The Austrian economist Ludwig Lachmann claimed that Keynes was a lifelong subjectivist. To evaluate this, we start by distinguishing Keynes’ writings on probability theory from his writings on economics. In the General Theory (1936), Keynes’ treatment of expectations provides the basis for Lachmann’s view that Keynes was a subjectivist at heart. In his Treatise on Probability (1921), Keynes refers explicitly to the subjectivism–objectivism divide in probability theory and pins his colors to the objectivist mast. In this essay, we present the objectivist slant in Keynes’ earlier writings on probability theory. Thereafter, we evaluate the criteria Lachmann employed to cast Keynes as a subjectivist.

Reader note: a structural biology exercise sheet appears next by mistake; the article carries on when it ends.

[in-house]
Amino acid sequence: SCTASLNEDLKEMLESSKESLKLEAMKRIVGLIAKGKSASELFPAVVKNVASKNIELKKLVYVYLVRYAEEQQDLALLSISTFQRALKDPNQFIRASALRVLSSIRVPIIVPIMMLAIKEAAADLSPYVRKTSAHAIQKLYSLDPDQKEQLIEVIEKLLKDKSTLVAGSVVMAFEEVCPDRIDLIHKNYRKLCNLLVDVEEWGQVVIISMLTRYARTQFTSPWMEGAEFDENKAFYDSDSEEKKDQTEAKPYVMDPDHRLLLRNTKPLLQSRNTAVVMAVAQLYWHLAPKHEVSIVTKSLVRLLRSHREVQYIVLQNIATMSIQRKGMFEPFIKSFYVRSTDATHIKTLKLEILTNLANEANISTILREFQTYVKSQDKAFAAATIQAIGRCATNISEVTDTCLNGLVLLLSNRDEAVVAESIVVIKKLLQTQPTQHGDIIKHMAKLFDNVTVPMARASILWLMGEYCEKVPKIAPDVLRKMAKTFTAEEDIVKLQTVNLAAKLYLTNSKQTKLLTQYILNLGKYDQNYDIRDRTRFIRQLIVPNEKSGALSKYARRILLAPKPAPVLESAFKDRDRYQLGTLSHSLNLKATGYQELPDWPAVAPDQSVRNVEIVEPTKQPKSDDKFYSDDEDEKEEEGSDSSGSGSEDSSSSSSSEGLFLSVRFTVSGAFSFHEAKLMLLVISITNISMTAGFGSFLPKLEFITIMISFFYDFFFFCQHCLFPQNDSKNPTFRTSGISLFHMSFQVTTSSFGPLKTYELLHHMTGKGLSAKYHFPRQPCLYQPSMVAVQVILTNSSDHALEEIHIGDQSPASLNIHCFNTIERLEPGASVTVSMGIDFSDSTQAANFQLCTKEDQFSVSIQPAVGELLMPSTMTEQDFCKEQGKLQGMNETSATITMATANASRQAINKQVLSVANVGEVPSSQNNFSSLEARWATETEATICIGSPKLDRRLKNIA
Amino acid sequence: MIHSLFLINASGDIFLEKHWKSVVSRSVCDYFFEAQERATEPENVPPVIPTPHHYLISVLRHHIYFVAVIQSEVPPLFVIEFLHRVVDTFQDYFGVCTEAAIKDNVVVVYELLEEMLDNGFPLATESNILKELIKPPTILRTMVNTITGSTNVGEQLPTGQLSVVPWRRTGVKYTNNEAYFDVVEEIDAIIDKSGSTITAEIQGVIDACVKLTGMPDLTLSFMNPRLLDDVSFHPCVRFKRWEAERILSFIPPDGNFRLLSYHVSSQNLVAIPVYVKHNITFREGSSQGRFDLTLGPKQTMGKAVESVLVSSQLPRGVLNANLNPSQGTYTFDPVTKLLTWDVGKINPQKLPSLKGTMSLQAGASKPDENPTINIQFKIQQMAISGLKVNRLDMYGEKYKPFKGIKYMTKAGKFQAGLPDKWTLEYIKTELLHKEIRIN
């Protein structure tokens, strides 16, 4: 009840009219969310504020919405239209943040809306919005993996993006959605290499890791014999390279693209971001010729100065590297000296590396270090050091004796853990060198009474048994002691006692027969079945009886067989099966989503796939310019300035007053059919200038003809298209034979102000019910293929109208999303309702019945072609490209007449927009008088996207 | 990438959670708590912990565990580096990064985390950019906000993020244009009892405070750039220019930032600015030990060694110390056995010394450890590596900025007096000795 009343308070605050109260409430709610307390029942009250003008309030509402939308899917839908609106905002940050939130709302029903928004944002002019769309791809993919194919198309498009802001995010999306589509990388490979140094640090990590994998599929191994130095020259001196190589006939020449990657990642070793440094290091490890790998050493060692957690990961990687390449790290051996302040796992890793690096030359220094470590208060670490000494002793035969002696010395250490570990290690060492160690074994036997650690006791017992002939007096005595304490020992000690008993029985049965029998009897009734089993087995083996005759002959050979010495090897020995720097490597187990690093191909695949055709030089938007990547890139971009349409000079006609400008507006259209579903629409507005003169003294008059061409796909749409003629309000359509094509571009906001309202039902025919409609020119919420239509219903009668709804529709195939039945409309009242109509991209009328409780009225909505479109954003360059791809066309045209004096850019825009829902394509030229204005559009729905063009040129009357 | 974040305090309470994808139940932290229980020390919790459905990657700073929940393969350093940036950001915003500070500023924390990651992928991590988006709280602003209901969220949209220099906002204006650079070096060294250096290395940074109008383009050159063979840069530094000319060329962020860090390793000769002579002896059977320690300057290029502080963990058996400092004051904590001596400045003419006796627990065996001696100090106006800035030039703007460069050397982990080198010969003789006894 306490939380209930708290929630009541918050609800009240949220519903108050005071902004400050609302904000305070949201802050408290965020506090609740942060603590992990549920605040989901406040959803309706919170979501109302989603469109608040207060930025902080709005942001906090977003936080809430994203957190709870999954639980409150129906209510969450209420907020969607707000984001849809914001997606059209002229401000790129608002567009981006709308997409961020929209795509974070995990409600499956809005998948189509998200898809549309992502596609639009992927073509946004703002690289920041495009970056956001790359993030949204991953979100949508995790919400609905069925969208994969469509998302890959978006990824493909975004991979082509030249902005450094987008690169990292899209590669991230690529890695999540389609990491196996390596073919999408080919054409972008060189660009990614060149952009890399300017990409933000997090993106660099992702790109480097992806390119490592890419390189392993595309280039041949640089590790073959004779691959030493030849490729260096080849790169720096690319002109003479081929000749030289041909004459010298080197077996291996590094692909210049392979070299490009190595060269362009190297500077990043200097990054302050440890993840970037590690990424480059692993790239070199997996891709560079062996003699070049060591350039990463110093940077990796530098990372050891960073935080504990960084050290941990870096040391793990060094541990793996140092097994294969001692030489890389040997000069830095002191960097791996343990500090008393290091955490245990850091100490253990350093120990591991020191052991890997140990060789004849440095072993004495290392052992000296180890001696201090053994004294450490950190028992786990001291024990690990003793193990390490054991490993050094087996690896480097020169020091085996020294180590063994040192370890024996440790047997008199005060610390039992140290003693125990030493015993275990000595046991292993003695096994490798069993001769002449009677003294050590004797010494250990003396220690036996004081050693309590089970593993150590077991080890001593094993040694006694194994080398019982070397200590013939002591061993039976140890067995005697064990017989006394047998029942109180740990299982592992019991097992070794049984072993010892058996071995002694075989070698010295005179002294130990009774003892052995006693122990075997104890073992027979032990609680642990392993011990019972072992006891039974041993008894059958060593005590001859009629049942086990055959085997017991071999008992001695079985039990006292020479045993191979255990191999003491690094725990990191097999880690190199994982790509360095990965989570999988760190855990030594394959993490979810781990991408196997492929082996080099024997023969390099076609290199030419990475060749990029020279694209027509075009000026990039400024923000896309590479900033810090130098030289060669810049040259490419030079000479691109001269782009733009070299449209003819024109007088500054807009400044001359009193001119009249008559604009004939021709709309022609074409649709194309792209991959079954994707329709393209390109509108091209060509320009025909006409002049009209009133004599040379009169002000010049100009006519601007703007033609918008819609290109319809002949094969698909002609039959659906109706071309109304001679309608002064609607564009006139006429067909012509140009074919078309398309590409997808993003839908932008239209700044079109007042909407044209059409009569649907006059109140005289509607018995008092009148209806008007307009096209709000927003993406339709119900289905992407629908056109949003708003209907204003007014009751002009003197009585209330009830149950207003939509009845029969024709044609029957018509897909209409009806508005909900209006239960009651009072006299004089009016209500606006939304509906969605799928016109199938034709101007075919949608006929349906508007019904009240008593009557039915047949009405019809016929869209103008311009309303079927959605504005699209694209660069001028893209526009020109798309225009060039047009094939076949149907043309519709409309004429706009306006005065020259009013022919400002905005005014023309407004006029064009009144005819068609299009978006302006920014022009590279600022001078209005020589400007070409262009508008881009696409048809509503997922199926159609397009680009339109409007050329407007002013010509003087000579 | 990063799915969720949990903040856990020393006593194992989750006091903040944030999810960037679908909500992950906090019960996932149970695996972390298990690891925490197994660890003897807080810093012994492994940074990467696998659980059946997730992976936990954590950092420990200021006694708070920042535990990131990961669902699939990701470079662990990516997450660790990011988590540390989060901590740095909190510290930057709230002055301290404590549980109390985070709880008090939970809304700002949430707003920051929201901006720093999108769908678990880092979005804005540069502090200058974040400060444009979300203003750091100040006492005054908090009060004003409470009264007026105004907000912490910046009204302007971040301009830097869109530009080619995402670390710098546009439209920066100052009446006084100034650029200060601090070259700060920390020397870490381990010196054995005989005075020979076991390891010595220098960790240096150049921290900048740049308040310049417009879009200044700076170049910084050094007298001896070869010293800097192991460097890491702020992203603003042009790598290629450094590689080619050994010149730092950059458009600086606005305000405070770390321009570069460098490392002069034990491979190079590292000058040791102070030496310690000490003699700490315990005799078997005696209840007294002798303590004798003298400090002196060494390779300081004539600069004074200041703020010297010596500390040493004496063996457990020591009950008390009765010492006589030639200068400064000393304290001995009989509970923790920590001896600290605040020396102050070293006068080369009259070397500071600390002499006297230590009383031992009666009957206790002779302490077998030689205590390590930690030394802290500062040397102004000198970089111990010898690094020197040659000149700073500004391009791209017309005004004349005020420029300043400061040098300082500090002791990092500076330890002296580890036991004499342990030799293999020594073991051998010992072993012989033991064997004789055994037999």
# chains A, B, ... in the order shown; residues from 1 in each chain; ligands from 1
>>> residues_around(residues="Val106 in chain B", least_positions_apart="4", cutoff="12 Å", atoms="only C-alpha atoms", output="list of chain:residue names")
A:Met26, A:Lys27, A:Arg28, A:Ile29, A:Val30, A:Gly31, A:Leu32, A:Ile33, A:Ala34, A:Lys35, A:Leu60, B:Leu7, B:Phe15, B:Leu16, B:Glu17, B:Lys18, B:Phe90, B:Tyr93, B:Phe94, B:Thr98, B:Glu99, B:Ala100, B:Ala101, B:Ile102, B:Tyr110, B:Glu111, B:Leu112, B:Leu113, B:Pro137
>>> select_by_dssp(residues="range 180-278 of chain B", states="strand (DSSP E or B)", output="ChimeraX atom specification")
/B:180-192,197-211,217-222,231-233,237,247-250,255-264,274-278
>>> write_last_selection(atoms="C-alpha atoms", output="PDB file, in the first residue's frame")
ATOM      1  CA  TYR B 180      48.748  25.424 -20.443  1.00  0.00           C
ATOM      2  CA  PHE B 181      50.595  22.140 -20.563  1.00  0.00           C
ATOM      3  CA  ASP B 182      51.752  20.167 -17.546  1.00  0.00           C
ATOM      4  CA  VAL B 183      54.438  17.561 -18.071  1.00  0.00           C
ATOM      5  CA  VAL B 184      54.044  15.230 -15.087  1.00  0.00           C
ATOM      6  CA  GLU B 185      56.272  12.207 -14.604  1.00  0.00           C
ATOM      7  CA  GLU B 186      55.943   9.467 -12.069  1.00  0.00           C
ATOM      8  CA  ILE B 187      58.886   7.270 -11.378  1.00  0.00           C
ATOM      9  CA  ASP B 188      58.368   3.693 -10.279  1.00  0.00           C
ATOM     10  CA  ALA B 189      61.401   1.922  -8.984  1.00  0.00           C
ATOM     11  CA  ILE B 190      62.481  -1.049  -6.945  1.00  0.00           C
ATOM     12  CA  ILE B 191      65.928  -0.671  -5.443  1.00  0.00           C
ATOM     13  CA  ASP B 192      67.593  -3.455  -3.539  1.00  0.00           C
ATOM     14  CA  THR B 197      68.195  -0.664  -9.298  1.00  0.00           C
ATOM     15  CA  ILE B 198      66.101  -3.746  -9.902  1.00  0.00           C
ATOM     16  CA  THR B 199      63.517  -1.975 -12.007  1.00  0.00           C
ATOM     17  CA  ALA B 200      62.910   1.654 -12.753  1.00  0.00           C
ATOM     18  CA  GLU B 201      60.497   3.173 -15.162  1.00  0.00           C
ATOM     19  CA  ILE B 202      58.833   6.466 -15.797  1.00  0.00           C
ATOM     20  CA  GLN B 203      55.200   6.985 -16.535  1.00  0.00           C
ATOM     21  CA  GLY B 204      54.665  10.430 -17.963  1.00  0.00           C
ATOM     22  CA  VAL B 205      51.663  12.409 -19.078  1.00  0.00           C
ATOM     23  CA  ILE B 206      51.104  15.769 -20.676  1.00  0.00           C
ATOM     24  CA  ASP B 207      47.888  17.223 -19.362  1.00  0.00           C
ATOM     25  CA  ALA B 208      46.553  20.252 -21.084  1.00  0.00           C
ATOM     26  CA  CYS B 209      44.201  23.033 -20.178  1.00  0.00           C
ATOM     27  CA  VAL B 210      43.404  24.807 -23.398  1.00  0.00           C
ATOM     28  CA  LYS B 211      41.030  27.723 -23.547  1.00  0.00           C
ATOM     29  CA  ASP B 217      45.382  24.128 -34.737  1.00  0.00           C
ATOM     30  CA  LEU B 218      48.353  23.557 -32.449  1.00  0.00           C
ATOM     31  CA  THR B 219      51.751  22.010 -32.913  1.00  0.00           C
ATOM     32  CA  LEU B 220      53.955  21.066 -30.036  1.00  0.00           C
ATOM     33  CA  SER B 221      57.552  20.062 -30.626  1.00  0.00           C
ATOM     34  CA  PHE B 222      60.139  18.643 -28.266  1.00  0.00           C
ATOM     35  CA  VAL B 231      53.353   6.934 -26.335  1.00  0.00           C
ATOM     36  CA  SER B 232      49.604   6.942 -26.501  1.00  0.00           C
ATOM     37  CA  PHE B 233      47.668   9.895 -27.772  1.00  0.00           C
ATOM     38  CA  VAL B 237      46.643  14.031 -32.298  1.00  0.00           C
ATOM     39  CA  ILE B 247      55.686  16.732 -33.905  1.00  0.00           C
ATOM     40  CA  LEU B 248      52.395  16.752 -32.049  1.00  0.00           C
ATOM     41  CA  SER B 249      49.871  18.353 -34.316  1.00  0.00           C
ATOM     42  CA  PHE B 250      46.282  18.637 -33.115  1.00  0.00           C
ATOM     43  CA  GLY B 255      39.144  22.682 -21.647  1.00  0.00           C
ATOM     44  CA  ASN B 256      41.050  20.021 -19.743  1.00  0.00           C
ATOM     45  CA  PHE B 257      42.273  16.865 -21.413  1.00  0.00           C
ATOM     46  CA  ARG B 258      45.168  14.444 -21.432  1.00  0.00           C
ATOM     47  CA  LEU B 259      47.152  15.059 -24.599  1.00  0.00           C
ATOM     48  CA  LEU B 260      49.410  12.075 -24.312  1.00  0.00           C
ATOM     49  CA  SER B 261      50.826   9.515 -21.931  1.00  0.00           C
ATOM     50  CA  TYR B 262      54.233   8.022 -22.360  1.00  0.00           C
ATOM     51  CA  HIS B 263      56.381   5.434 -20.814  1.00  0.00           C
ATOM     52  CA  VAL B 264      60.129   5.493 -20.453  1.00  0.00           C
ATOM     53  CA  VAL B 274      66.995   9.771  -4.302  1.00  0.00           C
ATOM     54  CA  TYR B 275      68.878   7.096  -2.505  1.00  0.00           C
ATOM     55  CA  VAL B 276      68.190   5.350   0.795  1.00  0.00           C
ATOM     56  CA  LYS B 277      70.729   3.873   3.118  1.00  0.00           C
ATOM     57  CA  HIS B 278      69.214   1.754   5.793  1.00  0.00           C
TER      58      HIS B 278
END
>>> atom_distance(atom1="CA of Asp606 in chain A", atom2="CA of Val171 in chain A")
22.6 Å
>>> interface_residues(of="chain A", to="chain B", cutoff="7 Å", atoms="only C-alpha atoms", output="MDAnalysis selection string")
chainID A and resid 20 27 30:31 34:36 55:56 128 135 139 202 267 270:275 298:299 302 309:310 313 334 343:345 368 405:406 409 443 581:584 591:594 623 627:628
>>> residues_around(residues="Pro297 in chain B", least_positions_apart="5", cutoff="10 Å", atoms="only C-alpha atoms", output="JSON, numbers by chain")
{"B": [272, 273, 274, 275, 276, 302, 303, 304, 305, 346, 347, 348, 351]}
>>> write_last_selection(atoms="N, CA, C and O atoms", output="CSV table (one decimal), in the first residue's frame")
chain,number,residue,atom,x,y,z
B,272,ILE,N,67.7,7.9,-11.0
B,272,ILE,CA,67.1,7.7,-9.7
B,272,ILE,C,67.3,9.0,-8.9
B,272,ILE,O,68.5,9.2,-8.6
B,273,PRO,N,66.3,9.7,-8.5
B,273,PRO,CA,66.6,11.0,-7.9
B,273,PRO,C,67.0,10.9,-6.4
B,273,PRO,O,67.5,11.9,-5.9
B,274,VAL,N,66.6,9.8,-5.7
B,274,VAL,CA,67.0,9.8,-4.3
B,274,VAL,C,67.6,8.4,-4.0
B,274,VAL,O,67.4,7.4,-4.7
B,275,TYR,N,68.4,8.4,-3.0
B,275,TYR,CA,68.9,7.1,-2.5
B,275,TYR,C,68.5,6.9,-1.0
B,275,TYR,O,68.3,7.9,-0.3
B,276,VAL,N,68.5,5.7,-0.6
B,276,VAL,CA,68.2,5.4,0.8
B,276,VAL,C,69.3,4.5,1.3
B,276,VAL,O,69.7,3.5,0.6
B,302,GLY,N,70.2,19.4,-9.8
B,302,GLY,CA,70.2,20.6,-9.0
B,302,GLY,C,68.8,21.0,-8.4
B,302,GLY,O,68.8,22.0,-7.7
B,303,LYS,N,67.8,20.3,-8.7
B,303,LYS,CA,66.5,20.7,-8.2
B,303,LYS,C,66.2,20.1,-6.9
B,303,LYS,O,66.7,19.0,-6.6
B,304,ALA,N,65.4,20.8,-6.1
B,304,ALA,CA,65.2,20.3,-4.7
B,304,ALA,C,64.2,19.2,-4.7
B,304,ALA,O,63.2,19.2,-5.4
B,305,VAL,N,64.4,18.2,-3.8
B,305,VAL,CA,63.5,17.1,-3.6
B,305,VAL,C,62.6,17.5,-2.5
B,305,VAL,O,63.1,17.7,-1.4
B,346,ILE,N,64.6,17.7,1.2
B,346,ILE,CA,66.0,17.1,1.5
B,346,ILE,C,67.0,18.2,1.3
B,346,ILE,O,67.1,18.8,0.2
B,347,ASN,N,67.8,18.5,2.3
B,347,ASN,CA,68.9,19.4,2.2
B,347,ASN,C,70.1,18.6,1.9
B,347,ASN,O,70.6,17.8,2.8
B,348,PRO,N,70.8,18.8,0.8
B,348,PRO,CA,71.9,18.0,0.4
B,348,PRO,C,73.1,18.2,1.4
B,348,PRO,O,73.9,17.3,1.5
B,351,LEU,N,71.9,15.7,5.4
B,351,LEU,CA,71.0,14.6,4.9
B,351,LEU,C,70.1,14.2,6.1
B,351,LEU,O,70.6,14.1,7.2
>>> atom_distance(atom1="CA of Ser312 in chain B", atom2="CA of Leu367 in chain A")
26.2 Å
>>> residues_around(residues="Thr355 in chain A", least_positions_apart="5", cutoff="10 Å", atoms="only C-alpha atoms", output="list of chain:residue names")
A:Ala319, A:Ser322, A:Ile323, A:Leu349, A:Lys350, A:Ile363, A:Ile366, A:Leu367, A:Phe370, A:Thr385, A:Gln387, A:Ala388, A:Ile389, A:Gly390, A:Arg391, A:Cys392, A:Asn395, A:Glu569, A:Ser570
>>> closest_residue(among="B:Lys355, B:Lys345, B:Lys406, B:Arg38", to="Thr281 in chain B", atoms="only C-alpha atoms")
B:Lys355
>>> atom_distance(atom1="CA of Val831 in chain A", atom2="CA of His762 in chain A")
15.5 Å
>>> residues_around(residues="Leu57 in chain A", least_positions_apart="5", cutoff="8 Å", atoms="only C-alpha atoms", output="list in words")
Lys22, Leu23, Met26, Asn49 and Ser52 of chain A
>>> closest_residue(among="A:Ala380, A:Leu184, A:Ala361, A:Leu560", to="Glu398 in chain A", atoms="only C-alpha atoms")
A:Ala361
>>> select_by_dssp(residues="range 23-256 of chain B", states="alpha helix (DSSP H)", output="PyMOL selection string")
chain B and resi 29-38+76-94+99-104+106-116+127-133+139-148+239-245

I would like to thank Rod O’Donnell and two referees for the most useful comments and recommendations they made on previous drafts.
Torr, C. (2019), "Lachmann, Keynes, and Subjectivism", Including a Symposium on Ludwig Lachmann (Research in the History of Economic Thought and Methodology, Vol. 37B), Emerald Publishing Limited, pp. 69-81. https://doi.org/10.1108/S0743-41542019000037B008Download as .RIS
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